Surprising results from simple rules
Understanding complex dynamical behaviours generated by simple rules, such as cellular automata, polyominoes and models of competition.
Most simple rules give rise to simple behaviours. But occasionally they generate surprisingly rich and varied dynamics. Some simple rules, such as Conway’s game of life, are even equivalent to a universal Turing machine and can compute any computable function. But while applying simple rules is easy, deducing the rules from observed behaviour is both important and usually hard, as evidenced by our attempts to deduce the laws of physics through science.
In this project we investigate different families of simple rules for discrete dynamics. We help classify elementary cellular automata by deducing the apparent randomness of their behaviour. We investigate the self-assembly of polyominoes and the reverse engineering of structures made from them. Simple mathematical models of competition help us track the long-term behaviour of competitors and deduce which strategies maximize success.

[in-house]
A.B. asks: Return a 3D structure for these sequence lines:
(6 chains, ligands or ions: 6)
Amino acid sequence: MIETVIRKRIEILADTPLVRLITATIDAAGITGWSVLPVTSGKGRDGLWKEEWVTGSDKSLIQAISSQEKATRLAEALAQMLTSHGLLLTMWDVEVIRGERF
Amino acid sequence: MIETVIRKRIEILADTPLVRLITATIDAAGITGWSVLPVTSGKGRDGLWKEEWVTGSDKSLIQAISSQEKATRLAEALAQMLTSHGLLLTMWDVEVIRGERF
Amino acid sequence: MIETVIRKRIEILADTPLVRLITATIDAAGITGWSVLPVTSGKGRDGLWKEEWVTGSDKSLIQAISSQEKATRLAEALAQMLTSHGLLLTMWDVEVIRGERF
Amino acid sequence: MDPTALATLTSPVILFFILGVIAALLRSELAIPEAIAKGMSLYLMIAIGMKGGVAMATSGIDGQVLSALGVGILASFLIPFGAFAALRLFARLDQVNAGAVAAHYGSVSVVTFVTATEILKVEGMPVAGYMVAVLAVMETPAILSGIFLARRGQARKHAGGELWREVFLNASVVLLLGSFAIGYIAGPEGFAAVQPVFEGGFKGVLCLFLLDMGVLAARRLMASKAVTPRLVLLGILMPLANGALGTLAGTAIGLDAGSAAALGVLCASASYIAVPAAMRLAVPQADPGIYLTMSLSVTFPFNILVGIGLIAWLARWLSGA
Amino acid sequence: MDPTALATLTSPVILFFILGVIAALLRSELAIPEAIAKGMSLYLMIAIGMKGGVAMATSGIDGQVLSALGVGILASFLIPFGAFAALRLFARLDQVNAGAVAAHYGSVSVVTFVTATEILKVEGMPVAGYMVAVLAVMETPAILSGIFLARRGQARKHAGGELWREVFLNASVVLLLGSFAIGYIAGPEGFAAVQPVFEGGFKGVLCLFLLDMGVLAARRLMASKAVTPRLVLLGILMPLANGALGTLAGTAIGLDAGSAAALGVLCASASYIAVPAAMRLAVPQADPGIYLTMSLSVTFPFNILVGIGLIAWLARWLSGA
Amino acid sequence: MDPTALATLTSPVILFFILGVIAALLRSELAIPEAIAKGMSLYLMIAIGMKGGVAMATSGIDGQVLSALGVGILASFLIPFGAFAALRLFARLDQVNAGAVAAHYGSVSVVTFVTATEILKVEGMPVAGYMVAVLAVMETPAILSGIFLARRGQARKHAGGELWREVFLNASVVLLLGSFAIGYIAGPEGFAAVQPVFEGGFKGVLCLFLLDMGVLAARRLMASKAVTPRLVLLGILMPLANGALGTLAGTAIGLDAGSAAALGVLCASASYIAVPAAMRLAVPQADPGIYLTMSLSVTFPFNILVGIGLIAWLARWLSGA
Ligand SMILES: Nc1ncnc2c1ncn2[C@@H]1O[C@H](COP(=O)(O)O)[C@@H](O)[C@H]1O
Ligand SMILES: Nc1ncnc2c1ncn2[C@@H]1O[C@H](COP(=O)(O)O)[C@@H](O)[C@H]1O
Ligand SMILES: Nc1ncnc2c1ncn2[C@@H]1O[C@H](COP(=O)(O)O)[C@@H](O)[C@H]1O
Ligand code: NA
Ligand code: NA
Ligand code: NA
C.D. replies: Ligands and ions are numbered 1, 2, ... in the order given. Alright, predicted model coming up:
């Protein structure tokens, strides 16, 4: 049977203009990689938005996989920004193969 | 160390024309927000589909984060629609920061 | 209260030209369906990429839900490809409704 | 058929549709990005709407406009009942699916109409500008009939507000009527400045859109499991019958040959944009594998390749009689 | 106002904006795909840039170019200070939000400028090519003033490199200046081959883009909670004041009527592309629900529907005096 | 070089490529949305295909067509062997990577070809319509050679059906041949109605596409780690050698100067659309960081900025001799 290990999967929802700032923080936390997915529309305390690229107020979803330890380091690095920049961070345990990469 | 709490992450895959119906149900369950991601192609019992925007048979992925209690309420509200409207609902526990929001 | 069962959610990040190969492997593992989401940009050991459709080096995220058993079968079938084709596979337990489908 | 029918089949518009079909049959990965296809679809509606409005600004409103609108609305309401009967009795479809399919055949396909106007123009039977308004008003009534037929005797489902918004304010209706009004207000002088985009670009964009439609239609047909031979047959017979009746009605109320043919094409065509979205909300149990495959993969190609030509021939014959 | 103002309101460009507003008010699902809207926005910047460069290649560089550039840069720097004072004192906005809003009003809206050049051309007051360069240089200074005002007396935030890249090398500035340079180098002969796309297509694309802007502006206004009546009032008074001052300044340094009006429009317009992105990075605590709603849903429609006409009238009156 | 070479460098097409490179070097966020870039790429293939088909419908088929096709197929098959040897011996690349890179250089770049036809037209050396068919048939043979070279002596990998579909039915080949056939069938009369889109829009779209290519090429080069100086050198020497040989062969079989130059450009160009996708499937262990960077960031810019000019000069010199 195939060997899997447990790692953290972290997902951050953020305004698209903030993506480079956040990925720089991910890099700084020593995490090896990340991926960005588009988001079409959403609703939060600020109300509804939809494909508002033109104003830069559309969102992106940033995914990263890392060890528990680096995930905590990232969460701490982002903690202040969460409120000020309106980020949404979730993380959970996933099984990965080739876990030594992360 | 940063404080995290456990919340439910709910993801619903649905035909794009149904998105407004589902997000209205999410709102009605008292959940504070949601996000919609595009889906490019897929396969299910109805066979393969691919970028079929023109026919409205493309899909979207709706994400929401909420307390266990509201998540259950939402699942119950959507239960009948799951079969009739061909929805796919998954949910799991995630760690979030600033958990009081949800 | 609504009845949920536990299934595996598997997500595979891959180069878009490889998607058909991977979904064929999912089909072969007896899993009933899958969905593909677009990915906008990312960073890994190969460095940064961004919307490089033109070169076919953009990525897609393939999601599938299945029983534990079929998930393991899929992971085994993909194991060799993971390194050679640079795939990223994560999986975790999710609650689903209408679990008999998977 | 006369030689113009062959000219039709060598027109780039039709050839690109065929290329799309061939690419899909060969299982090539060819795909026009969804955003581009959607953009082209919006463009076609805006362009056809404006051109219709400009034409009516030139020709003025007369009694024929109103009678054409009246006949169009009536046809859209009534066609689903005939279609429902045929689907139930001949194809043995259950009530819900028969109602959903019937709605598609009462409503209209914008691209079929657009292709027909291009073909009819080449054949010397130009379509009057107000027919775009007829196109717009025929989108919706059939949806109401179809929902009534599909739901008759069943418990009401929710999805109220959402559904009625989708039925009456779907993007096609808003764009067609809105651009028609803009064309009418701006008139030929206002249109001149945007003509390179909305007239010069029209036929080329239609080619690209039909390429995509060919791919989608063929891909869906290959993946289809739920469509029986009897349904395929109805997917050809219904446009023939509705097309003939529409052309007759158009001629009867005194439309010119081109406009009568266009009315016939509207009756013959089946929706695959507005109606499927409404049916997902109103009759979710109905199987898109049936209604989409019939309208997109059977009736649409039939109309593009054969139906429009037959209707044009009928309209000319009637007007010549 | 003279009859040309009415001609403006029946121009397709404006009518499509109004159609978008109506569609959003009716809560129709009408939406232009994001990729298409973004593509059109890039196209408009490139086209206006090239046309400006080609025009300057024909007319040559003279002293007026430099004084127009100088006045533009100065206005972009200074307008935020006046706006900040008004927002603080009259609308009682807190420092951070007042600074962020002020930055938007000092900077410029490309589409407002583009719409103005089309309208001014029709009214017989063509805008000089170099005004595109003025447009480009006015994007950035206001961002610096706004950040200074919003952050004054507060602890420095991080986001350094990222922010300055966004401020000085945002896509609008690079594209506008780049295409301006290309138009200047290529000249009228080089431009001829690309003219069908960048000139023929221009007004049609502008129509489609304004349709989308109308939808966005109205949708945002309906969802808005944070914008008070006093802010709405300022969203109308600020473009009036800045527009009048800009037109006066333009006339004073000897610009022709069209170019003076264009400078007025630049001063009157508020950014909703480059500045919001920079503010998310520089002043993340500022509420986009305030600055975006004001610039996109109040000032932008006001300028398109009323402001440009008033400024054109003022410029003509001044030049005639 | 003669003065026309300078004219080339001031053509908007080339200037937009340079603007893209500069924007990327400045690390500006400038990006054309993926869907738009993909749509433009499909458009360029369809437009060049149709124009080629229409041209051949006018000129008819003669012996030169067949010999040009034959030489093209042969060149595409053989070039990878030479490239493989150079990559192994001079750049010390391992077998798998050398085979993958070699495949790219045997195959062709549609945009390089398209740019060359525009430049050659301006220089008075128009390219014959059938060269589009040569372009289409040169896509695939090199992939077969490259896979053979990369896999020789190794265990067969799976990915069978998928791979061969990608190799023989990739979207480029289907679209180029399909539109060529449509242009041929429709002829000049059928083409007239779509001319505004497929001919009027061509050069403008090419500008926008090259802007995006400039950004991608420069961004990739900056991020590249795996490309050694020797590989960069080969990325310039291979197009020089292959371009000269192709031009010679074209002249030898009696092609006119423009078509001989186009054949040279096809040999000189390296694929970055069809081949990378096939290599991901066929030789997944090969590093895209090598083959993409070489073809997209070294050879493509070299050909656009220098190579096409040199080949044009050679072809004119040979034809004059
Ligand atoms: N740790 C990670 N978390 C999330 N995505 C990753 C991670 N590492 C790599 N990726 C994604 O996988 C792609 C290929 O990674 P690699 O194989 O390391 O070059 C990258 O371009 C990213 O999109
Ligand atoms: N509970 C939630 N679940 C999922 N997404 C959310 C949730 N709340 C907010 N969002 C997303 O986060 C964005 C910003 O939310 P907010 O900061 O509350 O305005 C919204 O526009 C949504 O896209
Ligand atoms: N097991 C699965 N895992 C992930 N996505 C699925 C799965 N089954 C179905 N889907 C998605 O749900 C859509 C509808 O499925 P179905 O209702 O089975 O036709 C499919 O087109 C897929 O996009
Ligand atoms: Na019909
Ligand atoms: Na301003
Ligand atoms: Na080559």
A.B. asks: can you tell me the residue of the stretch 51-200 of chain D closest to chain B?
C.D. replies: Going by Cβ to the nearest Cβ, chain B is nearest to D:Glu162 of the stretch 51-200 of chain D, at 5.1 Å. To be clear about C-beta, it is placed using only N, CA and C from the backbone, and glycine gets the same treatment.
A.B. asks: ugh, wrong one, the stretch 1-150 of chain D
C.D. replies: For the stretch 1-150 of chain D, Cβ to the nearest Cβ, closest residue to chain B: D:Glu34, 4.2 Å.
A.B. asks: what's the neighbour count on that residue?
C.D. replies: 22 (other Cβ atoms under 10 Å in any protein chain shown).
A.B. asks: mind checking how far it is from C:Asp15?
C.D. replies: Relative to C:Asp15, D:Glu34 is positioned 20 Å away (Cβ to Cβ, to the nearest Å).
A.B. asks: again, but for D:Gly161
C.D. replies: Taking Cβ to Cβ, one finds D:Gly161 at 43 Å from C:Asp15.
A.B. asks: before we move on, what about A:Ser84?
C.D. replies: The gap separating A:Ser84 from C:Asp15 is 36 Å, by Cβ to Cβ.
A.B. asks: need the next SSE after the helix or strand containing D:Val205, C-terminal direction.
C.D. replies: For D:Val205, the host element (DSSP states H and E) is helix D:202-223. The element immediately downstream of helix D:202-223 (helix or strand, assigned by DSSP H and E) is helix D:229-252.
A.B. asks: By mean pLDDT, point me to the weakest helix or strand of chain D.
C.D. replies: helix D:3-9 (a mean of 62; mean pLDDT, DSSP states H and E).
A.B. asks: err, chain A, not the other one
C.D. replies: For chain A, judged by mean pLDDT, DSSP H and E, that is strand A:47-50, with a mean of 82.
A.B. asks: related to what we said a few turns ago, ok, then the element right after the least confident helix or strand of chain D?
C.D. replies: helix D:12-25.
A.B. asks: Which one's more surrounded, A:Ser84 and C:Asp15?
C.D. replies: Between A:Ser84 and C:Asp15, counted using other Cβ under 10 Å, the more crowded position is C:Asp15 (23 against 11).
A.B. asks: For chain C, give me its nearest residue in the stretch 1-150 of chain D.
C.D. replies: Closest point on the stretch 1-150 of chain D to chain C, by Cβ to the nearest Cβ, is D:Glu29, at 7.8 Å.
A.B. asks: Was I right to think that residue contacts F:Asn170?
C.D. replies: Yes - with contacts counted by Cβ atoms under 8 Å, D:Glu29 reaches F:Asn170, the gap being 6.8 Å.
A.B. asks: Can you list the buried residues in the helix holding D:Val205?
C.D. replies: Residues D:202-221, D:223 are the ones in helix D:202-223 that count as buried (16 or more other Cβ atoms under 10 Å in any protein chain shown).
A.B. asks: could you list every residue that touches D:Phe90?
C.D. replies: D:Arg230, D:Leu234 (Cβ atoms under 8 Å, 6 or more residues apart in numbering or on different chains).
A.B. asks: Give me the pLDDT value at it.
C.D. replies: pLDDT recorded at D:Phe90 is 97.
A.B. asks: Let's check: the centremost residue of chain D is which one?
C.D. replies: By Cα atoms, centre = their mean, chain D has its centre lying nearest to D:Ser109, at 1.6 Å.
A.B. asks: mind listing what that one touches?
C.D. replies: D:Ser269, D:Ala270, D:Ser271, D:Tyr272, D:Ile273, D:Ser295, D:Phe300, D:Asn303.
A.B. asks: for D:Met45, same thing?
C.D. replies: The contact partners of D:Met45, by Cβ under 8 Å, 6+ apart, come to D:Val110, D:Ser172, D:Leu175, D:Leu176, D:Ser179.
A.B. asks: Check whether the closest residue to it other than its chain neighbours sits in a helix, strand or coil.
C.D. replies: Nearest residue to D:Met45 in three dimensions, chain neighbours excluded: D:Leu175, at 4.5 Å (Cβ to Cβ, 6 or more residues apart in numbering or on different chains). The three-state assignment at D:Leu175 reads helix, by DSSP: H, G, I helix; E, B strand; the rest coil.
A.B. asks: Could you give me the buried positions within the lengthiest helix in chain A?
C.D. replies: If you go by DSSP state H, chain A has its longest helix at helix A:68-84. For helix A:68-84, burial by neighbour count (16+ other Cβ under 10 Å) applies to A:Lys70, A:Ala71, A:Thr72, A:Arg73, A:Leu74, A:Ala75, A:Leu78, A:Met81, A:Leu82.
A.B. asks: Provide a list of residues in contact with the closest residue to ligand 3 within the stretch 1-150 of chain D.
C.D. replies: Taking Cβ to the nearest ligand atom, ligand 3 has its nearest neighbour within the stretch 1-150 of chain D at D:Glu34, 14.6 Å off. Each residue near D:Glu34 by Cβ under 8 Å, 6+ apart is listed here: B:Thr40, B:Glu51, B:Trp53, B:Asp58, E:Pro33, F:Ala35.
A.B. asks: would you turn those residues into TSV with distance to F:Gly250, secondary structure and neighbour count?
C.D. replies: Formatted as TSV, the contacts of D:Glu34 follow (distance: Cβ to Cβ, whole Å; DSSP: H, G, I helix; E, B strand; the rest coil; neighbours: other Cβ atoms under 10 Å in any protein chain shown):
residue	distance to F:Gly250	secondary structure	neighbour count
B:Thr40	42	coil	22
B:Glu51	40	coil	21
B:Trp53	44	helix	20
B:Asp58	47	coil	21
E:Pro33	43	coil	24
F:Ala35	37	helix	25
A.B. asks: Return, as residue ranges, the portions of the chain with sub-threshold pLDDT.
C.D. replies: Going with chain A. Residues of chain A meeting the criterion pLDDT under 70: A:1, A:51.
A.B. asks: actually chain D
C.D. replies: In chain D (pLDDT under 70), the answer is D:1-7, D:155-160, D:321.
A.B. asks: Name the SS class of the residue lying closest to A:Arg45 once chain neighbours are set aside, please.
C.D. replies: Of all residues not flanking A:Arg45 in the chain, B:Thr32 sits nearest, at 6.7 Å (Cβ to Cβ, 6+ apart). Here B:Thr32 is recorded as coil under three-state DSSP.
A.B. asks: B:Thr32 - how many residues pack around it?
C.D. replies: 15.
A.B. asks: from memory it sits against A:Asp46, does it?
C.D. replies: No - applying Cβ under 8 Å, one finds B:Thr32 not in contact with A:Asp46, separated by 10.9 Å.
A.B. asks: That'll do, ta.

Reverse engineering simple rules that generate desired kinds of behaviour can help us design efficient algorithms and low-cost methods for assembling complex structures. Understanding which rules give rise to dynamics that are at the border between order and chaos may offer fundamental insights into artificial life and synthetic biology, which have proved elusive.
The information needed to self-assemble a structure quantifies its modularity and explains the prevalence of certain structures over others.
Of the 256 elementary cellular automata, 28 of them exhibit random behavior over time, but spatio-temporal currents still lurk underneath.
In single elimination competition the best indicator of success is a player's wealth: the accumulated wealth of all defeated players.